It is not just wind turbines or solar panels that will increase an electricity supplier's percentage of power from renewable sources.  Under Indiana's Clean Energy Law, there are 21 clean energy "technologies" that can be used in the power mix.  They are:

  1. Energy from wind
  2. Solar energy
  3. Photovoltaic cells and panels
  4. Dedicated crops grown for energy production
  5. Organic waste biomass, including any of the following organic matter that is available on a renewable basis:
    • Agricultural Crops
    • Agricultural Wastes and residues
    • Wood and wood wates, including:
                 -Wood residues
                 -Forest thinnings
                 -Mill residue wood
    • Animal Wastes
    • Animal byproducts
    • Aquatic plants
    • Algae
  6. Hydropower
  7. Fuel Cells
  8. Hydrogen
  9. Energy from waste-to-energy facilities, including energies derived from advanced solid waste conversion technologies
  10. Energy storage systems or technologies
  11. Geothermal energy
  12. Coal bed methane
  13. Industrial byproduct technologies that use fuel or energy that is a byproduct of an industrial process.
  14. Waste heat recovery from capturing and reusing the waste heat in industrial processes for heating or for generating mechanical or electrical work
  15. A source, technology or program approved by the commission and designated as a clean energy resource by a rule adopted by the commission under IC 4-22-2 (Executive Order) including Landfill Methane Recovery.
  16. Demand side management or energy efficiency initiatives that:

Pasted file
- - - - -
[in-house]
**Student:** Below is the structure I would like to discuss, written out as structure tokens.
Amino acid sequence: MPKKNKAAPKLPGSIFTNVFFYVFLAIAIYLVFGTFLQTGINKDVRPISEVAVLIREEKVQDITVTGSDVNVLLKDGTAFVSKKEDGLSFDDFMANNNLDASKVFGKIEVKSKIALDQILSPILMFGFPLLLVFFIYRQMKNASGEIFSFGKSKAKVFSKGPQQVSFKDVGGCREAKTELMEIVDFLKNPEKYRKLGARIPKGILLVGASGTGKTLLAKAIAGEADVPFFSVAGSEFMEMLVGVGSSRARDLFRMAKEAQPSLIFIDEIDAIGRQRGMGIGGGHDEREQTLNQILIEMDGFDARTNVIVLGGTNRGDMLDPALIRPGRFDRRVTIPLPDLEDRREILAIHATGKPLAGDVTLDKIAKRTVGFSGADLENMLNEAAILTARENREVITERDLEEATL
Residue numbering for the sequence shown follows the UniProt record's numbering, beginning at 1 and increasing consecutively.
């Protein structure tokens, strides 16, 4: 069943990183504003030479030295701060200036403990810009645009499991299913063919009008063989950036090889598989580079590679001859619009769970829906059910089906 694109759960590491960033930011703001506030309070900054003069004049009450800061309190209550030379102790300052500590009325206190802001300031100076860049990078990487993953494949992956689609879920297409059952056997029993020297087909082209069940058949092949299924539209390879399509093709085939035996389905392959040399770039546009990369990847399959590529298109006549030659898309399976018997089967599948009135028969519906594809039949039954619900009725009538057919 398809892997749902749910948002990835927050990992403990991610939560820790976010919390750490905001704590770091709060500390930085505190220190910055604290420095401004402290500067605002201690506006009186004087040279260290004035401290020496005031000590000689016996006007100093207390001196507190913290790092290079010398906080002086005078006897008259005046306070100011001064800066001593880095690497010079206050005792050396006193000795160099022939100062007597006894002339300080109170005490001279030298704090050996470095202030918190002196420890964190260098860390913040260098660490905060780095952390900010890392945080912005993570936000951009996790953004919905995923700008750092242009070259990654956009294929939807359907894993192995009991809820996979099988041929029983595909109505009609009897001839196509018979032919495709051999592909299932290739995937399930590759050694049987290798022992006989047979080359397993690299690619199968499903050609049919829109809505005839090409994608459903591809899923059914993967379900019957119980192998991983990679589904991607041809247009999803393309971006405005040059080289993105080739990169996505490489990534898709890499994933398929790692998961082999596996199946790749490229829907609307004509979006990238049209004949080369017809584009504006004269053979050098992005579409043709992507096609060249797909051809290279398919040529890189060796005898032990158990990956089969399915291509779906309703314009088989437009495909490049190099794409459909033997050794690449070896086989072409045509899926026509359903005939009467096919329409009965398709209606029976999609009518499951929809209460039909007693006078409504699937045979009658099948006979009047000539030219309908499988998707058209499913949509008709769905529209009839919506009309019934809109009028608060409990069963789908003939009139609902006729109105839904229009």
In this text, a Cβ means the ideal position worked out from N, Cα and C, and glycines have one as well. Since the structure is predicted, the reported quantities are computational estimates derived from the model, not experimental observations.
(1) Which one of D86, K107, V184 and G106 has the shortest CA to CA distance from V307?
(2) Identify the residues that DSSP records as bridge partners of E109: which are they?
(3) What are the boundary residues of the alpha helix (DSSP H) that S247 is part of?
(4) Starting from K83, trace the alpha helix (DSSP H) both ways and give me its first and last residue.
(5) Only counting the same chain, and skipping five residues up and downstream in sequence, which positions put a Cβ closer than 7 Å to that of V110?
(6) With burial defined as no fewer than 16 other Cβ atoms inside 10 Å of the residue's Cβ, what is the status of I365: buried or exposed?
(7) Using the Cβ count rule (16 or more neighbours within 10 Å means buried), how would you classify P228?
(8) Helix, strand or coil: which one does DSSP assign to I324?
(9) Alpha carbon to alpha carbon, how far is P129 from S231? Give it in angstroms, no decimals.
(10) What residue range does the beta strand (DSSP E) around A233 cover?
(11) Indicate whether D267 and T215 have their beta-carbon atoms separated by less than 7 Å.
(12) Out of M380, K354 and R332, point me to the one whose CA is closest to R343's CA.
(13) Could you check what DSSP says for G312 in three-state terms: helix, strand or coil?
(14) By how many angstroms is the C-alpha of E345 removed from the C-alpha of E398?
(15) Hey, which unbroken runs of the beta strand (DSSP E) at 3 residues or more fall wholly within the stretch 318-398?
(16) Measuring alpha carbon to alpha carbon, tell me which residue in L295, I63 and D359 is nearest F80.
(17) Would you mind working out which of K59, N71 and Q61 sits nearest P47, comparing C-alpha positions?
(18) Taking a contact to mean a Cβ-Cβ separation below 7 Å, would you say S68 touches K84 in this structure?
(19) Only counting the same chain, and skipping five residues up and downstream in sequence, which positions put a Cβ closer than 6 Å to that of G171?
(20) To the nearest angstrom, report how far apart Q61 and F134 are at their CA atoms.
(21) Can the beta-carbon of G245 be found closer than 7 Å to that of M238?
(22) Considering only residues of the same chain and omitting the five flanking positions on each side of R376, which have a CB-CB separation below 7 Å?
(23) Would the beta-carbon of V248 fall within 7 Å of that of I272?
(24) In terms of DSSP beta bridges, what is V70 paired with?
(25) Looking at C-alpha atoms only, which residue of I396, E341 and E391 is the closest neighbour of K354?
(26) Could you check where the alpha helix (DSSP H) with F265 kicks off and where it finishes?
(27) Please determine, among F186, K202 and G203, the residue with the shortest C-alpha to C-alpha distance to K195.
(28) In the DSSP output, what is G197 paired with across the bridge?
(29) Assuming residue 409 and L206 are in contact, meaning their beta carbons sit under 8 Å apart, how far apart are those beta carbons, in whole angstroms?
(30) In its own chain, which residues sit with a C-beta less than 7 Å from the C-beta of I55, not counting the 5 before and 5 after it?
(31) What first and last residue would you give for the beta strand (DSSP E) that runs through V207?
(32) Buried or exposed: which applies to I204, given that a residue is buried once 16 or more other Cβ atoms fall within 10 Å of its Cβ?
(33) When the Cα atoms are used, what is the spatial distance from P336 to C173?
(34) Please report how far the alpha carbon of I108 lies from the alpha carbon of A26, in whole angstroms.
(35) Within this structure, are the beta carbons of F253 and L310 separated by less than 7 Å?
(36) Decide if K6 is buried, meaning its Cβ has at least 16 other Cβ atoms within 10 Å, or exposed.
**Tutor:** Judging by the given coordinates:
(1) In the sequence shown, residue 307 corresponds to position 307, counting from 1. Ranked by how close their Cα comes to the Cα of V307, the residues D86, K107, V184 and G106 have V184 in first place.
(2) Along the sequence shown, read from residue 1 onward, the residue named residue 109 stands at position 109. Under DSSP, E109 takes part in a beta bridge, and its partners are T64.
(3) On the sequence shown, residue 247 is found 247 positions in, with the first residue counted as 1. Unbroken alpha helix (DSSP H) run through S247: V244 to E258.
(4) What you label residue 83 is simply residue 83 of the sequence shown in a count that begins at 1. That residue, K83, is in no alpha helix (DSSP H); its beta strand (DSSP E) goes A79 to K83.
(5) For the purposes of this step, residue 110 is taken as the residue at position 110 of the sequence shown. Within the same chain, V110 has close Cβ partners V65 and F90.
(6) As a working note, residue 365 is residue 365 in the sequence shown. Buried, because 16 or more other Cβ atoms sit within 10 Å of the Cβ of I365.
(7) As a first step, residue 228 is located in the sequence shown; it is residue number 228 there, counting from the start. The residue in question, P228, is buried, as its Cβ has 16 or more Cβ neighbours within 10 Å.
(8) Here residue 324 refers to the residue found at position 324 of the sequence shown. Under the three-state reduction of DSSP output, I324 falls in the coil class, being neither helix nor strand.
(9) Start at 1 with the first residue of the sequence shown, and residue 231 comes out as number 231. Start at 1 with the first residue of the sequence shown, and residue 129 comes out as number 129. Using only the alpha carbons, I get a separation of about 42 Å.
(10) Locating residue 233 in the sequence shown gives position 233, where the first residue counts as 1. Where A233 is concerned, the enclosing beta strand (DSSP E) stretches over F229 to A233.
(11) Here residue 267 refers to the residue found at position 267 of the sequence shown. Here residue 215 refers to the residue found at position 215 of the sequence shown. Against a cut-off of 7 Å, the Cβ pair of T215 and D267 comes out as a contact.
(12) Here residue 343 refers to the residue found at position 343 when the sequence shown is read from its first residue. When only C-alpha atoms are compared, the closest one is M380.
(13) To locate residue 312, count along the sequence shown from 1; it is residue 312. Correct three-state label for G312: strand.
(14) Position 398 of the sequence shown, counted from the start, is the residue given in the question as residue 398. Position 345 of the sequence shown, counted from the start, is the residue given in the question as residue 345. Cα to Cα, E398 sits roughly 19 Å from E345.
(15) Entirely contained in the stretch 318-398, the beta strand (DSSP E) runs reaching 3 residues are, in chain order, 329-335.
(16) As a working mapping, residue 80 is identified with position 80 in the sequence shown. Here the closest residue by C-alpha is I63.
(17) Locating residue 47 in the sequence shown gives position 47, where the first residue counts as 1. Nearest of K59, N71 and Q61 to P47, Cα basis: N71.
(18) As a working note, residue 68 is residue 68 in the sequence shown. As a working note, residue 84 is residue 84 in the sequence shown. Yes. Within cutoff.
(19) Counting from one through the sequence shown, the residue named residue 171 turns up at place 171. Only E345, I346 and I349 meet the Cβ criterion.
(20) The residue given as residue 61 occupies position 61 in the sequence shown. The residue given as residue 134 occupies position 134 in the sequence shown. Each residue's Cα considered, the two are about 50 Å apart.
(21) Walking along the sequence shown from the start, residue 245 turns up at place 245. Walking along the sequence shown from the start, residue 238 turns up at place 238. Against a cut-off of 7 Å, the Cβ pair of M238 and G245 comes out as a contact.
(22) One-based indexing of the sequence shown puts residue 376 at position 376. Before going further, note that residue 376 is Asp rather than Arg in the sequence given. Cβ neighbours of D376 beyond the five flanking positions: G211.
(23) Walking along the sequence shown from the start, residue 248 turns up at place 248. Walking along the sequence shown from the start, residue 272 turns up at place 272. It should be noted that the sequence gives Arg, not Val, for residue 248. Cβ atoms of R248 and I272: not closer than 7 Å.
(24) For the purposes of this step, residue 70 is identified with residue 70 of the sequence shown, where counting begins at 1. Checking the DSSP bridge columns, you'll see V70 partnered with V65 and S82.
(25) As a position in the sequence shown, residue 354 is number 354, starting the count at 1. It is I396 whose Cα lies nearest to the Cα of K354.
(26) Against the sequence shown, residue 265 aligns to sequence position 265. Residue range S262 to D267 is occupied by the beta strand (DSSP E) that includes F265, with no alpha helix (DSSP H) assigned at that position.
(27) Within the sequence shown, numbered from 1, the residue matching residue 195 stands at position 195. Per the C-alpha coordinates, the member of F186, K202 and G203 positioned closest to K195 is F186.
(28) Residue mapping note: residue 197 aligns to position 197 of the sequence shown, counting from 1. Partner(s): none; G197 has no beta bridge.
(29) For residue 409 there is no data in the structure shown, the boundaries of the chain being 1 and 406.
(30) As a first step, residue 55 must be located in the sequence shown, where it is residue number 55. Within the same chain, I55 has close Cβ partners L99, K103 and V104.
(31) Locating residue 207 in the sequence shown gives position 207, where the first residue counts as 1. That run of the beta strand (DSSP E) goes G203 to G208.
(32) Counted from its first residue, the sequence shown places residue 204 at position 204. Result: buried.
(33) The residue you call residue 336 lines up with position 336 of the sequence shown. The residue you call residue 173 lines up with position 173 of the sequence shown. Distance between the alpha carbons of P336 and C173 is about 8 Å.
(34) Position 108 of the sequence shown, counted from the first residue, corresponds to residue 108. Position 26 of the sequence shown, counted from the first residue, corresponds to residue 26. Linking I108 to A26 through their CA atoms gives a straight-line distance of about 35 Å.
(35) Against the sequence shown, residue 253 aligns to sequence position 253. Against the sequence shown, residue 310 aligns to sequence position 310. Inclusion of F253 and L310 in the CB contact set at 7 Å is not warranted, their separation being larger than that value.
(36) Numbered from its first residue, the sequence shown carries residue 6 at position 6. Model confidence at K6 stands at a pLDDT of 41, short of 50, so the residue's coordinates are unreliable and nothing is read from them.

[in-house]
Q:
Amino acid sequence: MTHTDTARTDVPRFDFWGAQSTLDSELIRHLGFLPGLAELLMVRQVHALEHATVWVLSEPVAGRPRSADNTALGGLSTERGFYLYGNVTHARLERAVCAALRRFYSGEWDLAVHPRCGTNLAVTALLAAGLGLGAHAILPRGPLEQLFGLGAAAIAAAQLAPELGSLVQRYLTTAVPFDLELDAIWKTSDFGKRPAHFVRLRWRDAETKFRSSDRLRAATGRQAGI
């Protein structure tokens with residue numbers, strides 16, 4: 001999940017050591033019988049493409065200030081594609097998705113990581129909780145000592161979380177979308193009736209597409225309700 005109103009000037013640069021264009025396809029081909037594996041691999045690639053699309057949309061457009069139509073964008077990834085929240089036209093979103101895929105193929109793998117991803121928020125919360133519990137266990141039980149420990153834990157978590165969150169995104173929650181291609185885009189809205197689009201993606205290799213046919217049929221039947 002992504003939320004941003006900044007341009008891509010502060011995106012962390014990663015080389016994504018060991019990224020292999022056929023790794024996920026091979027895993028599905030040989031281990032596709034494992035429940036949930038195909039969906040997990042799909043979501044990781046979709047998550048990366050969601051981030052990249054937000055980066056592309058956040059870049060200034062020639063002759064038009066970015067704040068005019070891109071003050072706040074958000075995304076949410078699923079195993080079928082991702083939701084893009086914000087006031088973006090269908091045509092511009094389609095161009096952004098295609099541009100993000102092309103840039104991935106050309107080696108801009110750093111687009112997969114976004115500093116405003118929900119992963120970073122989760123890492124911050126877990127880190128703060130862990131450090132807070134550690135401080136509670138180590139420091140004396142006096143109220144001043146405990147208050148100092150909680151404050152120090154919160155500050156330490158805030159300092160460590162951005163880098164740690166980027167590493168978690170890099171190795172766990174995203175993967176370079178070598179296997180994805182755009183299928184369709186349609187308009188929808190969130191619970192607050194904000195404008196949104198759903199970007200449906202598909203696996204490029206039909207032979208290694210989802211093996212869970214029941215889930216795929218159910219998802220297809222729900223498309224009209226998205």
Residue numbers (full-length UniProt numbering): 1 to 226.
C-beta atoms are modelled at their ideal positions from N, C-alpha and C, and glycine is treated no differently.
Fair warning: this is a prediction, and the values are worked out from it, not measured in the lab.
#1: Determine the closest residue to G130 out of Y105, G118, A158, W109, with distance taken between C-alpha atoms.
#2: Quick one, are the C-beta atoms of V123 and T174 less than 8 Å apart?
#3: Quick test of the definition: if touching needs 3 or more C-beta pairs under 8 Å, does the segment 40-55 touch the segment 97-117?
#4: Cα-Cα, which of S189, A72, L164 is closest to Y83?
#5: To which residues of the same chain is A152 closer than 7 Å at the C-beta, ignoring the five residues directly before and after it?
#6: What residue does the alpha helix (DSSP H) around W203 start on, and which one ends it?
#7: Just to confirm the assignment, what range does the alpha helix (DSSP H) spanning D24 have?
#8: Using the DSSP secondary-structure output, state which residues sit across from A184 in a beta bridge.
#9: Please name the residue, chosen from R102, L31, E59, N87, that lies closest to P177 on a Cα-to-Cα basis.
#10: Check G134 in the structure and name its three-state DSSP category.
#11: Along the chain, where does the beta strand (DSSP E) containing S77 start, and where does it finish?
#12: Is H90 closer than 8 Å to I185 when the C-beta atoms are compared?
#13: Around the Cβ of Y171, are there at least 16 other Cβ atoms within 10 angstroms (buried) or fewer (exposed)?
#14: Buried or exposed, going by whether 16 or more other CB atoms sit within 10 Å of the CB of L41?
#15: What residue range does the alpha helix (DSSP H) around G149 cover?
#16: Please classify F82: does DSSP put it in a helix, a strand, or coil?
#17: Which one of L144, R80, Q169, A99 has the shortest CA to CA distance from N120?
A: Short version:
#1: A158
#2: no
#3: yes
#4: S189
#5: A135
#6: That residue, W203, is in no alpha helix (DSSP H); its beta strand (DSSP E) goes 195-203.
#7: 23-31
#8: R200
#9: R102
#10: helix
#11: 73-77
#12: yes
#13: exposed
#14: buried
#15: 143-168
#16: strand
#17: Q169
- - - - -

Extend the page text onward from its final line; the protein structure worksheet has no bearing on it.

• Reduces electricity consumption or
    • Implements load management, demand response, or energy efficiency
      measures designed to shift customers' electric loads from periods of
      higher demand to periods of lower demandas a result of equipment installed, or customers enrolled, after January 1, 2010
  17. A clean energy project described in IC 8-1-8.8-2(1)
  18. Nuclear energy
  19. Electricity that is:
    • Generated by a customer owned distributed generation facility that is
      interconnected to the electricity supplier's distribution system in
      accordance with the commission's interconnection standards set forth
      in 170 IAC 4-4.3; and
    • Supplied back to the electricity supplier for use in meeting the electricity
       supplier's electricity demand requirements in accordance with the
       commission's net metering rules set forth in 170 IAC 4-4.2
  20. Combined heat and power system
  21. Electricity that is generated from natural gas at a facility constructed in Indiana after July 1, 2011 which displaces electricity generation from an existing coal fired generation facility

Per the IURC requirements, technologies 17-21 can only comprise no more than 30% of the total renewable energy resources an electricity supplier claims for the CHOICE program.

An electricity supplier can also obtain "Clean Energy Credits",  and use these as an acceptable part of its clean energy portfolio standard.  Clean energy credits are the result of clean energy produced by one of the named technologies.  This system allows an electricity supplier to not have to build or purchase its own producers, but rather obtain (purchase) the credits from facilities owned by others.